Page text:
Sending a message

Imagine: a deal so ironclad, you don’t even have to worry about looking at the project involved. You don’t even have to consider it.

Words fail me.

Except for this: it says lots about the single-mindedness of governments.

It says a lot less about confidence in the strength of the project.

Russell Wangersky is The Telegram’s editorial page editor. He can be reached by email at rwanger@thetelegram.com.

Organizations: TD Securities, Goldman Sachs, Financial Post

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Recent comments

  • Corporate Psycho
    February 09, 2014 - 10:31

    Hey Smith, speak for yourself. As a ratepayer I want this project stopped NOW!

  • John Smith
    February 09, 2014 - 07:29

    ...errr..so the guy said, the fact that the Feds are providing a loan guarantee made it easier for them to loan us money??? A shocking revalation? LOL Oh, Russell, I long for the days when you wrote grade 9 prose...about dew drops on dandelion leaves....I guess now that you have slain your dragon, Ms. Dunderdale, you have to set your sights more firmly on that other nemisis Muskrat Falls...sad....The rate payers are the ones who will backstop this project Mr. Wangersky. Just as they did for Bay D'Espoir, Cat Arm, Granit Canal and others. That's why they have no problem with the project, because rate payers, not tax payers, will pay for every last dime...Muskrat Falls is a well thought out, intelligent answer to our coming energy needs, and is 2.5 billion cheaper than the nearest alternative....that, in my opinion is what you sholud be talking about...alas, that doesn't sell papers, or satisfy the overlords in PQ, who own the Tely...ala Rupert Murdoch...LOL So we are your mercy Mr Wangersky...hey I think there's a song in that....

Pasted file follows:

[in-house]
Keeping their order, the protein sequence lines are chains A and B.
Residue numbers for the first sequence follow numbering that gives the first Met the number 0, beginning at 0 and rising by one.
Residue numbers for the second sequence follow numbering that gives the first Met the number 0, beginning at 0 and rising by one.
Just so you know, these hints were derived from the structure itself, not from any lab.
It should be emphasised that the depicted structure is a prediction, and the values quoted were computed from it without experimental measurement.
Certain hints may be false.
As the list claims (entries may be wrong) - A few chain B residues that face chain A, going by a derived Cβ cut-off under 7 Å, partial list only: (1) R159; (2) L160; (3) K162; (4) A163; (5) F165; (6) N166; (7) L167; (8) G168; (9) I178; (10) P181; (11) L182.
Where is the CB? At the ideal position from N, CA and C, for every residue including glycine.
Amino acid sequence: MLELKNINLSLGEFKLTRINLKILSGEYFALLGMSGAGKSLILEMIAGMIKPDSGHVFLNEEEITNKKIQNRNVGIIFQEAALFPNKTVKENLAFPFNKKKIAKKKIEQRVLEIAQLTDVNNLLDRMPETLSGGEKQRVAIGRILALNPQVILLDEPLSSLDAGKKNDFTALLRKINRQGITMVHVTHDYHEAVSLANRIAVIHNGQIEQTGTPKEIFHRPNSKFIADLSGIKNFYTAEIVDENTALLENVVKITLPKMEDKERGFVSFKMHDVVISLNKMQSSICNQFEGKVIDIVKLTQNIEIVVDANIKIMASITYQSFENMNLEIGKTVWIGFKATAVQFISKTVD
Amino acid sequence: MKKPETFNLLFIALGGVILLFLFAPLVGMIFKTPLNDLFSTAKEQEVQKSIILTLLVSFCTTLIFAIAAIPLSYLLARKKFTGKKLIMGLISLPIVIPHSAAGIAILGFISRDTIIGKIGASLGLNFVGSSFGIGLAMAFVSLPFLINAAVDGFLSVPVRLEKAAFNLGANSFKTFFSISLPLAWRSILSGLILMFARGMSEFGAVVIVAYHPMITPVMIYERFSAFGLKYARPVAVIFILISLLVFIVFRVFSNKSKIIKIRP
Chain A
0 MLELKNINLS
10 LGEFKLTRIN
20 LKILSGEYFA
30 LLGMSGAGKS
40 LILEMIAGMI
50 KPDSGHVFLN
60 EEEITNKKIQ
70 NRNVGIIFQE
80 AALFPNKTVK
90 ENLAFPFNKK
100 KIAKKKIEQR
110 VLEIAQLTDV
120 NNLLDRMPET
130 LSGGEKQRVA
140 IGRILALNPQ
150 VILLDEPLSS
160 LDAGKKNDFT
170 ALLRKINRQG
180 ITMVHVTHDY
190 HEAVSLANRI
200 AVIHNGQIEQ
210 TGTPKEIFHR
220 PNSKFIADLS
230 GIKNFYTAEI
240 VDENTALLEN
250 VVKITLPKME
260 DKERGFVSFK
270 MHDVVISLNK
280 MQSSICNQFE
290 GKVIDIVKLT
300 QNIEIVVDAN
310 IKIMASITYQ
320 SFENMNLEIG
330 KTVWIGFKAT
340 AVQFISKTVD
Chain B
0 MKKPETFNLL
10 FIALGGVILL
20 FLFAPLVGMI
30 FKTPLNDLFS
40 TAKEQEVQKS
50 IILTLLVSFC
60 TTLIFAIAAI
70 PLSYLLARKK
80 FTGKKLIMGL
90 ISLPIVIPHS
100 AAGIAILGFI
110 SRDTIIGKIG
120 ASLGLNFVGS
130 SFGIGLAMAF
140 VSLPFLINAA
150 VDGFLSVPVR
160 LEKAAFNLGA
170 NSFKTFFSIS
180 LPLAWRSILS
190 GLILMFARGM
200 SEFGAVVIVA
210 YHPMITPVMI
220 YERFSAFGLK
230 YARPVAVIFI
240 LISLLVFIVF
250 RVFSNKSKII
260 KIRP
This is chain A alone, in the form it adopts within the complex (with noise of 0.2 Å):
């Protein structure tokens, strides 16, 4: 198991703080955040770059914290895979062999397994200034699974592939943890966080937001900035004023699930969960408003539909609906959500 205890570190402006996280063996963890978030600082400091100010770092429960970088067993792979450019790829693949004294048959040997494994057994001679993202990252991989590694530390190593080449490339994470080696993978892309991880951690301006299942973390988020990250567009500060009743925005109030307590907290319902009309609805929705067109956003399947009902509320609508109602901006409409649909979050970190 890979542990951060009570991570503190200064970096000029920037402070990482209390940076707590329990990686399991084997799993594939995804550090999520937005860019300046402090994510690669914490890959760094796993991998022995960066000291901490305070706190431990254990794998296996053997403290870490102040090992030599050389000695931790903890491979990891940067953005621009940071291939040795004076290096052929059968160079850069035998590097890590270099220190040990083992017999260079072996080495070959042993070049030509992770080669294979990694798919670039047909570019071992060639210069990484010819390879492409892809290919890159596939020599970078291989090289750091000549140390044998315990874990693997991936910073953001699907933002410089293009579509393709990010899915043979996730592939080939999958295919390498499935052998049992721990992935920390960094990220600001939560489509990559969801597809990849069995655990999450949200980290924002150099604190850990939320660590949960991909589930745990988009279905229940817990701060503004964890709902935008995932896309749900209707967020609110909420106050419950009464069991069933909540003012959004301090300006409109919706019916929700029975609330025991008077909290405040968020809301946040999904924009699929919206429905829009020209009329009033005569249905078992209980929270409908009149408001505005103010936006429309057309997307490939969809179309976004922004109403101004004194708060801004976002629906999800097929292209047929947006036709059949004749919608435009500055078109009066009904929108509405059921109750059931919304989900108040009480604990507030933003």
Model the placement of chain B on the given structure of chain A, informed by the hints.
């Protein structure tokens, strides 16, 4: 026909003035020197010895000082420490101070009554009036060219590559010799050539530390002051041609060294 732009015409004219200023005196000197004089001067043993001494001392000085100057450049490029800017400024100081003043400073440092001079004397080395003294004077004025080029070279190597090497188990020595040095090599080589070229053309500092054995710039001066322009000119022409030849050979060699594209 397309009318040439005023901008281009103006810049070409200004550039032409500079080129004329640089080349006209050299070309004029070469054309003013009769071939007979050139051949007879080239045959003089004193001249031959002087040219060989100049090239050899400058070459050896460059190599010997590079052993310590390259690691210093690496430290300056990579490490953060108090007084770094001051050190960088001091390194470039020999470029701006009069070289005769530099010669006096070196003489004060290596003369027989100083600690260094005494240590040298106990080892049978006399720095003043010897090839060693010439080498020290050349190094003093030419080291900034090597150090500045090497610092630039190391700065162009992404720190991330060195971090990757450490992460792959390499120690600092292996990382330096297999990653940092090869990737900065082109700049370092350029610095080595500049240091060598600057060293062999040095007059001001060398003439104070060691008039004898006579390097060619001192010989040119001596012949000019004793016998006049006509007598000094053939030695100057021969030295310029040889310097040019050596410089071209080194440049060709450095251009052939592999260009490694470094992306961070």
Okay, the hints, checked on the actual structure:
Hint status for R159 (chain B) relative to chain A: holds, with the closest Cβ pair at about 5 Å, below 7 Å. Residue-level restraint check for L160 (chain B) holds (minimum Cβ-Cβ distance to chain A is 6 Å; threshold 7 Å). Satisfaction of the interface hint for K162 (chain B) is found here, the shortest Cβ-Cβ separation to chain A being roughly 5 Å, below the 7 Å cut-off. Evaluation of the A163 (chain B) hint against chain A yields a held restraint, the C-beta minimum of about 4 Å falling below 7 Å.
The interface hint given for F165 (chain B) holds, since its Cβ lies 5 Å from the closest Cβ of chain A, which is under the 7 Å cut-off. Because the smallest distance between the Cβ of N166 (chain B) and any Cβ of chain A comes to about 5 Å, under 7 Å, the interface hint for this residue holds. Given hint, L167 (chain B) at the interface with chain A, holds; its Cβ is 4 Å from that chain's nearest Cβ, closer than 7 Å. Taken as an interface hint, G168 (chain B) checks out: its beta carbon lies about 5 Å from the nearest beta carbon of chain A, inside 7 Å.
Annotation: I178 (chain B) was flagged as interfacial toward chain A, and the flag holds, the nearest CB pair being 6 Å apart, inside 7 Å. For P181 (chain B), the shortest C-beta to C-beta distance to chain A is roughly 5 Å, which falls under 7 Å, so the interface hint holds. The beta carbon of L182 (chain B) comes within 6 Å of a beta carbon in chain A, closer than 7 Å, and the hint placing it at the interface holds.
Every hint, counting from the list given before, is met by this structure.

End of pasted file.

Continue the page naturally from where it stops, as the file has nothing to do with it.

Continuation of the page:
• Tony Rockel
      February 10, 2014 - 13:42

      "...errr..so the guy said, the fact that the Feds are providing a loan guarantee made it easier for them to loan us money??? " ...errrrr, no "John Smith", as anyone not as dim as yourself could readily tell, the loan guarantee made it easier for them to overlook what a rotten deal we're being shafted with.nunc

  • Jay
    February 08, 2014 - 13:34

    Well, be sure to remind the incoming premier, Mr. Ball to cancel the project as soon as he gets elected. I'm sure he'll get quite a laugh.

  • Maurice E. Adams
    February 08, 2014 - 11:05